2007: Launched via Drive Response TV (aka infomercials):

Late nights / early mornings.  MagicJack came up on TV the hard way – without Billy Mays or Anthony Sullivan.  Instead all they had to rely on was their value proposition.  You’ve got to start somewhere, and for a consumer electronics / technology related product you don’t just call up 1-800-2BestBuy, sweet talk the receptionist to get thru to the buyer, and bam – your product is on shelves across the country.  They had a story to tell and they used one of the best mediums to tell it.  Direct Response.  Direct Response is even better if you don’t have an ego to get over.

2008: Gained 2nd Tier Retail Distribution:

Radio Shack has its place in the world and they do certain things right.  This is the kind of product you’d expect to find at RadioShack.  With 5000 locations they can put a product in front of lots of people and add retail credibility.  So it is no surprise that a product like this made its first tangible appearance at retail at The Shack.


Not sure whose phone rang first, but here’s how we think it went down:

MagicJack Salesman: Your customers are already asking about my product, and  I sold 2 million units alone in 2008.  I ran over $10 million in DRTV ads last year – perhaps you’ve seen it once or a hundred times?  I’ll tag my infomercials telling customers they can now find my product at your store.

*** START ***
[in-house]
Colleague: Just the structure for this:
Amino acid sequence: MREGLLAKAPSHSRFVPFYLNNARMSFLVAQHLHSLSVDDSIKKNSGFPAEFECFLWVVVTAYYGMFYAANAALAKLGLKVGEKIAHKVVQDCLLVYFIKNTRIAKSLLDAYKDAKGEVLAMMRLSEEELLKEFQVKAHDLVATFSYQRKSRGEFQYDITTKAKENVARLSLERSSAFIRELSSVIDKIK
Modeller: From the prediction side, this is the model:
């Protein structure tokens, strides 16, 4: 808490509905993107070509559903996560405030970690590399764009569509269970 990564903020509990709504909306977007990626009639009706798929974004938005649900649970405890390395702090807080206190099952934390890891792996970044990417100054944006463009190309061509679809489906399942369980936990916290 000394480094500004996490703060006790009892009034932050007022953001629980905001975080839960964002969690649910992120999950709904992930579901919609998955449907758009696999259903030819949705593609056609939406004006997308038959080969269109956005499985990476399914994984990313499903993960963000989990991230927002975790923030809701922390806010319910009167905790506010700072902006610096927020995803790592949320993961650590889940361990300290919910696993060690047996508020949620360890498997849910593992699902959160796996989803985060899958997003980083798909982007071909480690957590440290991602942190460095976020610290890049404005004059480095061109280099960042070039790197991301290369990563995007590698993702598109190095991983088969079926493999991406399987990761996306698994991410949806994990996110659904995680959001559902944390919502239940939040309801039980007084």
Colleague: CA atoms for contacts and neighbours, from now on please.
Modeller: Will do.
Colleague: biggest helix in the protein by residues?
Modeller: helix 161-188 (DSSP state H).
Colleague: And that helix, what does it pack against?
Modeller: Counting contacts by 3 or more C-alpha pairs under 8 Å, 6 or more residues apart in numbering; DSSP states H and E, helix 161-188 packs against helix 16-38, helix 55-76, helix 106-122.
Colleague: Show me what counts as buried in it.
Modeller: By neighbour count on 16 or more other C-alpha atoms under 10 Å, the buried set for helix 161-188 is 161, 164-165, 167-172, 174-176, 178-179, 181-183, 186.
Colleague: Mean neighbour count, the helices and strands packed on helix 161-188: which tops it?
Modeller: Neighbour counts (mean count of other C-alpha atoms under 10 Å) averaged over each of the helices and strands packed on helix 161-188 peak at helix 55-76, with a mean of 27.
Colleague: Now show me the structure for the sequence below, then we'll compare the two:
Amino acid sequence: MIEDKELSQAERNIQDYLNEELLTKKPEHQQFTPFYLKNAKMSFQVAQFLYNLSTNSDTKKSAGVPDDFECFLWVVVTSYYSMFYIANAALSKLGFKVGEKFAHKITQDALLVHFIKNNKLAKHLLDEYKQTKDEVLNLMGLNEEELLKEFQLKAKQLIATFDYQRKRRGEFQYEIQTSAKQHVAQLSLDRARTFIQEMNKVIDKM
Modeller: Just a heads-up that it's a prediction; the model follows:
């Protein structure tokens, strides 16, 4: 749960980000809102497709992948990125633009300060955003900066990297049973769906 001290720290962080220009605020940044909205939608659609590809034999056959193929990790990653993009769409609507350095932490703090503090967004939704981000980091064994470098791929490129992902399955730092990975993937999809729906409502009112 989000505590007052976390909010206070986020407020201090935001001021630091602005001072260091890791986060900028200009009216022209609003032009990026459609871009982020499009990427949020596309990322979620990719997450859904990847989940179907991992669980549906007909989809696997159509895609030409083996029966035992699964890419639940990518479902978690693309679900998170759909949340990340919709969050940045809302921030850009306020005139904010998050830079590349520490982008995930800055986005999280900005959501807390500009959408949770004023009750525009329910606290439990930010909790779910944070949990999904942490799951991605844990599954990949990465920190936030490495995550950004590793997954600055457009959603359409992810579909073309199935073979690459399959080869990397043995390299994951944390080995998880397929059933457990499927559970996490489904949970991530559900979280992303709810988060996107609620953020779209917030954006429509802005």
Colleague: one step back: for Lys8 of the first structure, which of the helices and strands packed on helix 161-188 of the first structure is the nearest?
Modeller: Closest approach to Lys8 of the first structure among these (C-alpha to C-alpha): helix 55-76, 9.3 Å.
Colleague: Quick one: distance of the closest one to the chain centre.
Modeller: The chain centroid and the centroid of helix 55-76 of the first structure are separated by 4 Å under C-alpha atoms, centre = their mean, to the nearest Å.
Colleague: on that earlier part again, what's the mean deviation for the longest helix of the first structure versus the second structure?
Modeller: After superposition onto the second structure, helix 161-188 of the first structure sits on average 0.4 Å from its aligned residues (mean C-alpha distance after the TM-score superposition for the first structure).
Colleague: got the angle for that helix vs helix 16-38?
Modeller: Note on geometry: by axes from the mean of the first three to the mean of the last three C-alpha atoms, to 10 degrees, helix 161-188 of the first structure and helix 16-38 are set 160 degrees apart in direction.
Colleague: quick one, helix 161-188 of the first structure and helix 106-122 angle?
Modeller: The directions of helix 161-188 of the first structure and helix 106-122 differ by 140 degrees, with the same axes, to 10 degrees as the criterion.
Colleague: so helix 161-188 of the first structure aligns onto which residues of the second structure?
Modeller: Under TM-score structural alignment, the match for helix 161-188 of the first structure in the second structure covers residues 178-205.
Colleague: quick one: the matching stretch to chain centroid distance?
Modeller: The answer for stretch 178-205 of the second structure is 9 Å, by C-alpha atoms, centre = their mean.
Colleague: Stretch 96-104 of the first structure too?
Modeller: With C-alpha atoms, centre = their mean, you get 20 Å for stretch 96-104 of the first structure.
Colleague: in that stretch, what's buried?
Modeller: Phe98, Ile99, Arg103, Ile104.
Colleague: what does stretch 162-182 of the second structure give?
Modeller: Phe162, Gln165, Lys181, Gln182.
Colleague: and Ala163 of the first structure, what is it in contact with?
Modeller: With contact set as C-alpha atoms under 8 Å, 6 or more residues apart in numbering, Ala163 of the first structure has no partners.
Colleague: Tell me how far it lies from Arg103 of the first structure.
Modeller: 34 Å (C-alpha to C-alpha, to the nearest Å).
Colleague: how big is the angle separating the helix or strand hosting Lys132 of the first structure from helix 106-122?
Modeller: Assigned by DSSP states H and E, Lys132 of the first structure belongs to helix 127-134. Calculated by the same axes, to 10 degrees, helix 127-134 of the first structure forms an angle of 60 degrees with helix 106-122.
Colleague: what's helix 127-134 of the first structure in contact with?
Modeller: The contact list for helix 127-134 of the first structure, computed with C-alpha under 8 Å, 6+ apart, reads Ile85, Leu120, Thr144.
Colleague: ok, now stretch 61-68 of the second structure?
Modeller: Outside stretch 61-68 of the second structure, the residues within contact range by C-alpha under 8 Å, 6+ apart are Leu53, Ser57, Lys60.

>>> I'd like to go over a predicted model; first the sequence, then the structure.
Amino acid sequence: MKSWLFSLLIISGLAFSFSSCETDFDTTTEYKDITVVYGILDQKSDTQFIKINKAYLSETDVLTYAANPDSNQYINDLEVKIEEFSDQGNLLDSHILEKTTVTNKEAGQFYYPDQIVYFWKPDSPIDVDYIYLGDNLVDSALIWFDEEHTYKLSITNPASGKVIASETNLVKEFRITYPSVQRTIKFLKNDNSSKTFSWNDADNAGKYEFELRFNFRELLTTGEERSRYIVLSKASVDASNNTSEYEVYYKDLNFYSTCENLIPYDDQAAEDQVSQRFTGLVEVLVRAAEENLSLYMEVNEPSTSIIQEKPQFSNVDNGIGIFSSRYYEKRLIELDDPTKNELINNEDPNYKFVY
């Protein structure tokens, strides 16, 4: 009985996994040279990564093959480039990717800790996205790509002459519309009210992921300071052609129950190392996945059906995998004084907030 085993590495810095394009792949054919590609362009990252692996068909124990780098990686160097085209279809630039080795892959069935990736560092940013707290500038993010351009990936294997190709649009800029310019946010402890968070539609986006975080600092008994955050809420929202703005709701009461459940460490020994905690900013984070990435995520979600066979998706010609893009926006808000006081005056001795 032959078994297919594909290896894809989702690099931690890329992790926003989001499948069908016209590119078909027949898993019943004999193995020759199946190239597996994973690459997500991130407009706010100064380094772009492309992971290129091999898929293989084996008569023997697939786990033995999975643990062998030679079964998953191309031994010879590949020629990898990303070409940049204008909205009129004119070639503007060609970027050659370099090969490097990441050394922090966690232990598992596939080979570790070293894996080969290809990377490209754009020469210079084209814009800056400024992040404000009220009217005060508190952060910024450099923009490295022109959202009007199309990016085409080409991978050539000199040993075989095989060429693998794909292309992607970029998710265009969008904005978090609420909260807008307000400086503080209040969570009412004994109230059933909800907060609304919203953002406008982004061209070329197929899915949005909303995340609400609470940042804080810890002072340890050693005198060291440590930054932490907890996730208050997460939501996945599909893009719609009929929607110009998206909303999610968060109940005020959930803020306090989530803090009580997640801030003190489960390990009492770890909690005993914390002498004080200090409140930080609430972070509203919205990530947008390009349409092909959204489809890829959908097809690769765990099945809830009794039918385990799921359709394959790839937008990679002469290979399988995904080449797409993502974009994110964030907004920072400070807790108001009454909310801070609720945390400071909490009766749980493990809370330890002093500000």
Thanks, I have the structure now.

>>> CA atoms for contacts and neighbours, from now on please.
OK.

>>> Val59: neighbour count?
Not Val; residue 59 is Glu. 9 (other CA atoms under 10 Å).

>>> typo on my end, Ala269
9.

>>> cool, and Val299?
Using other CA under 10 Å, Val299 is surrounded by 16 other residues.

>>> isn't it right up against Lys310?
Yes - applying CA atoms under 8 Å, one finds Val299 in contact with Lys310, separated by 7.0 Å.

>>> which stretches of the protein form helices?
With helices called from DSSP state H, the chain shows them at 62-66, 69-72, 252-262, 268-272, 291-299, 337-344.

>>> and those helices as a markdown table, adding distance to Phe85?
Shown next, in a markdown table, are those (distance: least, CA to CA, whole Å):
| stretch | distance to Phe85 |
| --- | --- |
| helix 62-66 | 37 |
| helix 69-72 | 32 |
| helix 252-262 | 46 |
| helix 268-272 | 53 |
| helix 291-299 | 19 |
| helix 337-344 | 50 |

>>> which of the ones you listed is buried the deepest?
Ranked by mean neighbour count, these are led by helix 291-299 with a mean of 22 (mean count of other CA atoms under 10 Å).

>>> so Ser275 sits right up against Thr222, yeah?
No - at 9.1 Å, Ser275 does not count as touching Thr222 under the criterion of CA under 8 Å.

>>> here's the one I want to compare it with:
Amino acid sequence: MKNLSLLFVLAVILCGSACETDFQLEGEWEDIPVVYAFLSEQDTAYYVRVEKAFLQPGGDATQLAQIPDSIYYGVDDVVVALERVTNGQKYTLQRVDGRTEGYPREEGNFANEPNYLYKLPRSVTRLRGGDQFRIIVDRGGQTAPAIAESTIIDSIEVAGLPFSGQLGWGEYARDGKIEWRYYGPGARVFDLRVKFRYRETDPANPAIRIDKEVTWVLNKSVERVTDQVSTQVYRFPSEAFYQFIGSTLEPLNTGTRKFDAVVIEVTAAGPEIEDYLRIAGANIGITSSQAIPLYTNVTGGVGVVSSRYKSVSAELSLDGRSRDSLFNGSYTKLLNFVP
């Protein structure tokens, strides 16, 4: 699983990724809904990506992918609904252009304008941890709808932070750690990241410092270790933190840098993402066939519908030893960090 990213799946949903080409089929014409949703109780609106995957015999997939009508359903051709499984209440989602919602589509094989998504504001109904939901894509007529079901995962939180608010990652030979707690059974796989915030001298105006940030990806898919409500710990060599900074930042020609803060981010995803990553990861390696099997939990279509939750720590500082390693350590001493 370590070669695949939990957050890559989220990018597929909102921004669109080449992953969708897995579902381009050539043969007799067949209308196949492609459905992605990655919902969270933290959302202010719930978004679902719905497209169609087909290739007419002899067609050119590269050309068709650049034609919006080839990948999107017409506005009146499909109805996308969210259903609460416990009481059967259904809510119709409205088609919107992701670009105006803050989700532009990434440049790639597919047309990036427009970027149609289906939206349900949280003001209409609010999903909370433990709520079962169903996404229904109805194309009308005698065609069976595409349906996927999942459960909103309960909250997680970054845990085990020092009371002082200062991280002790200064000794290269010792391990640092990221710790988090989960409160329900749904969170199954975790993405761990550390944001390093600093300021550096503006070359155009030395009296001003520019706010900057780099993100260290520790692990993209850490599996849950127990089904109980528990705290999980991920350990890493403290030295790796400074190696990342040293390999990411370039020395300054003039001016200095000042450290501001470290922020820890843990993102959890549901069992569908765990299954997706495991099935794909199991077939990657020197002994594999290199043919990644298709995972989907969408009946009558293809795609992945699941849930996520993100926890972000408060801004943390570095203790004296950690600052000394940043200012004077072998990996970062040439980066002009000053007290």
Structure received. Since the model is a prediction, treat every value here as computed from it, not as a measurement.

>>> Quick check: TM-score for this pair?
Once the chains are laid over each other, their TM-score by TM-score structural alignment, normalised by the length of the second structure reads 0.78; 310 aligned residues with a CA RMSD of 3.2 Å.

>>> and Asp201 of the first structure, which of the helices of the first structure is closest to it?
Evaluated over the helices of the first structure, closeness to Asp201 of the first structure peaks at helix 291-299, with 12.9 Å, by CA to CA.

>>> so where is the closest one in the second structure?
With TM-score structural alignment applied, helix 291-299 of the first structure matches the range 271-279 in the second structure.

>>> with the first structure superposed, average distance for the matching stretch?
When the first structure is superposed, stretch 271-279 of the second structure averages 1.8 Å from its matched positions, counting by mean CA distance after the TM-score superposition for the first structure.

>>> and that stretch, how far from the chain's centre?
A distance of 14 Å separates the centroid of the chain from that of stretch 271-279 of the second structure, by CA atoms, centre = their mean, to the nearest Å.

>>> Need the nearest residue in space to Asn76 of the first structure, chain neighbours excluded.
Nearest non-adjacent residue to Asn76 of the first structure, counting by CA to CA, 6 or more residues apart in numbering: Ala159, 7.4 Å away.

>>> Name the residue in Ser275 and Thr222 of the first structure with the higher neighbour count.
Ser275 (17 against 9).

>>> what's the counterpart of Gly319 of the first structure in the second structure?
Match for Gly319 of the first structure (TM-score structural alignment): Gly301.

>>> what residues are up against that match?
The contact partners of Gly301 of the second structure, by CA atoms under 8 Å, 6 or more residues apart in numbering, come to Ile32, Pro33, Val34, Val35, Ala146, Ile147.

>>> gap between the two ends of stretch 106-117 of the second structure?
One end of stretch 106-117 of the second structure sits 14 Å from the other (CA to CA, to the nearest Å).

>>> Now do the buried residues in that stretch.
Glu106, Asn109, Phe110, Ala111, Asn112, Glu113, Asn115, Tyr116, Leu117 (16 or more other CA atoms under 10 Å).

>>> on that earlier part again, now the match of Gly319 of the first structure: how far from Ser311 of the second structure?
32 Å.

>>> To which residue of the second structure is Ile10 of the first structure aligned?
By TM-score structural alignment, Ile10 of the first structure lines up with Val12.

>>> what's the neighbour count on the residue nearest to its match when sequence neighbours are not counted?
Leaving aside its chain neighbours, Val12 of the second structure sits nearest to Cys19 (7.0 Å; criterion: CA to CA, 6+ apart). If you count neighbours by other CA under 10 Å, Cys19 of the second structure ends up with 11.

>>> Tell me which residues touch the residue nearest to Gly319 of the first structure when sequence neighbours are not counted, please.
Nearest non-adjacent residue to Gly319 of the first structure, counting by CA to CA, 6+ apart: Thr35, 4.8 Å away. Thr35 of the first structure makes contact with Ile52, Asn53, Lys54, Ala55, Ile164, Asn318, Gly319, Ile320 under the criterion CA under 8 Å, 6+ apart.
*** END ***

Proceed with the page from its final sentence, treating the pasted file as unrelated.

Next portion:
Retailer Buyer: I’m thinking about taking a chance and listing this MagicJack thing that everybody’s talking about.  Growth is hard to come by, especially in this environment.  It’s a risk but there is lots of upside …

Note – Risk is the enemy of the retail buyer.  Minimizing that risk in the buyer’s mind if your key job if you are trying to get over the hump.  MagicJack did a great job of minimizing the buyer’s risk.

2009: Gained 1st Tier Retail Distribution via DRTV tagging.

Best Buy started carrying the product early in 2009.  Almost simultaneously the traditional magicjack infomercials morphed to a version that tagged Best Buy where the normal call to action would appear.  MagicJack was sending its customers to Best Buy stores (or customers could still figure out they could go direct to  Note – Without having tangible sell thru data, I have to guess that the product has done okay at Best Buy.  MagicJack has 126 reviews on, with 3.6 out of 5 stars.  The fact that it is still on shelf after almost a year is proof enough for me.